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From Wikipedia, the free encyclopedia

AES3 is a standard for the exchange of digital audio signals between professional audio devices. An AES3 signal can carry two channels of pulse-code-modulated digital audio over several transmission media including balanced lines, unbalanced lines, and optical fiber.[1]

AES3 was jointly developed by the Audio Engineering Society (AES) and the European Broadcasting Union (EBU) and so is also known as AES/EBU. The standard was first published in 1985 and was revised in 1992 and 2003. AES3 has been incorporated into the International Electrotechnical Commission's standard IEC 60958, and is available in a consumer-grade variant known as S/PDIF.

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History and development

The development of standards for digital audio interconnect for both professional and domestic audio equipment, began in the late 1970s[2] in a joint effort between the Audio Engineering Society and the European Broadcasting Union, and culminated in the publishing of AES3 in 1985. The AES3 standard has been revised in 1992 and 2003 and is published in AES and EBU versions.[1] Early on, the standard was frequently known as AES/EBU.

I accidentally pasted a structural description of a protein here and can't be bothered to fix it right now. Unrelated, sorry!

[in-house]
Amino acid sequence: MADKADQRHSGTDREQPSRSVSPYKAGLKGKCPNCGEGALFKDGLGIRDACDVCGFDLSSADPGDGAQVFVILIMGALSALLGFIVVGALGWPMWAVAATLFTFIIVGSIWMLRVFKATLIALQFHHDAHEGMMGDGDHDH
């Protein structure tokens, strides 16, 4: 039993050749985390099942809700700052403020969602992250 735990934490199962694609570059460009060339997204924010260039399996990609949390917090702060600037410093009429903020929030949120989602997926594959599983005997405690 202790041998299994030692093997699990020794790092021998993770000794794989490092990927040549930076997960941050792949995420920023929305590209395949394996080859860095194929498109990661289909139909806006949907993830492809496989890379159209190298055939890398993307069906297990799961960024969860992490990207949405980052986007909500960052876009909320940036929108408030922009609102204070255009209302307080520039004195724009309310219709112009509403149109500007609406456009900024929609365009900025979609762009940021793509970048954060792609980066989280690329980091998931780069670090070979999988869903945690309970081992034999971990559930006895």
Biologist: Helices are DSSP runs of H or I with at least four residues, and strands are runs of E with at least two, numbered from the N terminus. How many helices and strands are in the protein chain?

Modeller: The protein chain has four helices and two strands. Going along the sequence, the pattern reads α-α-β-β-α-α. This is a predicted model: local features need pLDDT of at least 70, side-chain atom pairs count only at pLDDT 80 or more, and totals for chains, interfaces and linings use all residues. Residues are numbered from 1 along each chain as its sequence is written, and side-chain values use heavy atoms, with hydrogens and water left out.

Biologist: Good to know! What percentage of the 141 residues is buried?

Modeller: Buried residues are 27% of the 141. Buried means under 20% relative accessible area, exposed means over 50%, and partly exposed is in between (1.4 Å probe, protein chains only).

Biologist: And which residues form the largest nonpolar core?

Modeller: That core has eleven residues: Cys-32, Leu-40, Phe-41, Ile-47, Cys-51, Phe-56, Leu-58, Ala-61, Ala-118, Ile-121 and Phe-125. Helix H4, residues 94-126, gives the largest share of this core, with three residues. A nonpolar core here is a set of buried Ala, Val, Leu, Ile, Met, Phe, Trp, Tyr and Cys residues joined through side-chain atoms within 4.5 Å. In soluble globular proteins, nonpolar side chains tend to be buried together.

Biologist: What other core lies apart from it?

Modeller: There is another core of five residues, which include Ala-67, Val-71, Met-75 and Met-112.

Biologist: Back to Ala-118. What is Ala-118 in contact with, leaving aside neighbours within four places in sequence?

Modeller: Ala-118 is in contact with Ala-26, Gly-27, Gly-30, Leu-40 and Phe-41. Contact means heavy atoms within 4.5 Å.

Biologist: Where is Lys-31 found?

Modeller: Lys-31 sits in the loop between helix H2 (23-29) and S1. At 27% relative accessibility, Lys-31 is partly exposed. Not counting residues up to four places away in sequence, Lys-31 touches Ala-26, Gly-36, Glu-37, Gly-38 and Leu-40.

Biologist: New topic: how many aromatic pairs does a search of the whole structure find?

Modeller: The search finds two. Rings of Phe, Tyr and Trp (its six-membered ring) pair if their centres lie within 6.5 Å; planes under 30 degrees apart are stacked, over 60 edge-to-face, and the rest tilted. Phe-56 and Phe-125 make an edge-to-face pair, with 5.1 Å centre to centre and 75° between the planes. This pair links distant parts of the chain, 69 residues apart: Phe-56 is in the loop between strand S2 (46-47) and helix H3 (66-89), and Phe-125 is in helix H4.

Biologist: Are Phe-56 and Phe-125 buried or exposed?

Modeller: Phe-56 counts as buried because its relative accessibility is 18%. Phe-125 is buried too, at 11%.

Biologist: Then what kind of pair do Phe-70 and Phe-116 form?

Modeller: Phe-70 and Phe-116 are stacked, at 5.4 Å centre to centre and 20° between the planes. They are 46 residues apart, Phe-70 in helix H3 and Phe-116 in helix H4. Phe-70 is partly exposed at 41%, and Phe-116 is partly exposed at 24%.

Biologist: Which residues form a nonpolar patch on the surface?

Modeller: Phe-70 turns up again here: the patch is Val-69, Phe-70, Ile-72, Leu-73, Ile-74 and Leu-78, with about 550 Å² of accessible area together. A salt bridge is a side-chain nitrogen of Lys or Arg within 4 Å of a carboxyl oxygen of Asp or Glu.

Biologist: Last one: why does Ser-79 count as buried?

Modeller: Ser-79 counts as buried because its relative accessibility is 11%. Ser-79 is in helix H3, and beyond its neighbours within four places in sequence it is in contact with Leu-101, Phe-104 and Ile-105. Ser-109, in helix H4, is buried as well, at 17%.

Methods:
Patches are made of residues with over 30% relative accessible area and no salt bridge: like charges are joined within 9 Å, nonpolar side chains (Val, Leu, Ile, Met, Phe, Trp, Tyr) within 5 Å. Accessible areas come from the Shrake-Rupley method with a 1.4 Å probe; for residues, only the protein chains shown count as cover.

Variants using different physical connections are specified in IEC 60958. These are essentially consumer versions of AES3 for use within the domestic high fidelity environment using connectors more commonly found in the consumer market. These variants are commonly known as S/PDIF.

Related standards and documents

IEC 60958

IEC 60958 (formerly IEC 958) is the International Electrotechnical Commission's standard on digital audio interfaces. It reproduces the AES3 professional digital audio interconnect standard and the consumer version of the same, S/PDIF.

The standard consists of several parts:

  • IEC 60958-1: General
  • IEC 60958-2: Software Information Delivery Mode
  • IEC 60958-3: Consumer applications
  • IEC 60958-4: Professional applications
  • IEC 60958-5: Consumer application enhancement


AES-2id is an AES information document published by the Audio Engineering Society[3] for digital audio engineering—Guidelines for the use of the AES3 interface. This document provides guidelines for the use of AES3, AES Recommended Practice for Digital Audio Engineering, Serial transmission format for two-channel linearly represented digital audio data. This document also covers the description of related standards used in conjunction with AES3 such as AES11. The full details of AES-2id can be studied in the standards section of the Audio Engineering Society web site[4] by downloading copies of the AES-2id document as a PDF file.

Hardware connections

The AES3 standard parallels part 4 of the international standard IEC 60958. Of the physical interconnection types defined by IEC 60958, two are in common use.

IEC 60958 type I

XLR connectors, used for IEC 60958 type I connections.

Type I connections use balanced, three-conductor, 110-ohm twisted pair cabling with XLR connectors. Type I connections are most often used in professional installations and are considered the standard connector for AES3. The hardware interface is usually implemented using RS-422 line drivers and receivers.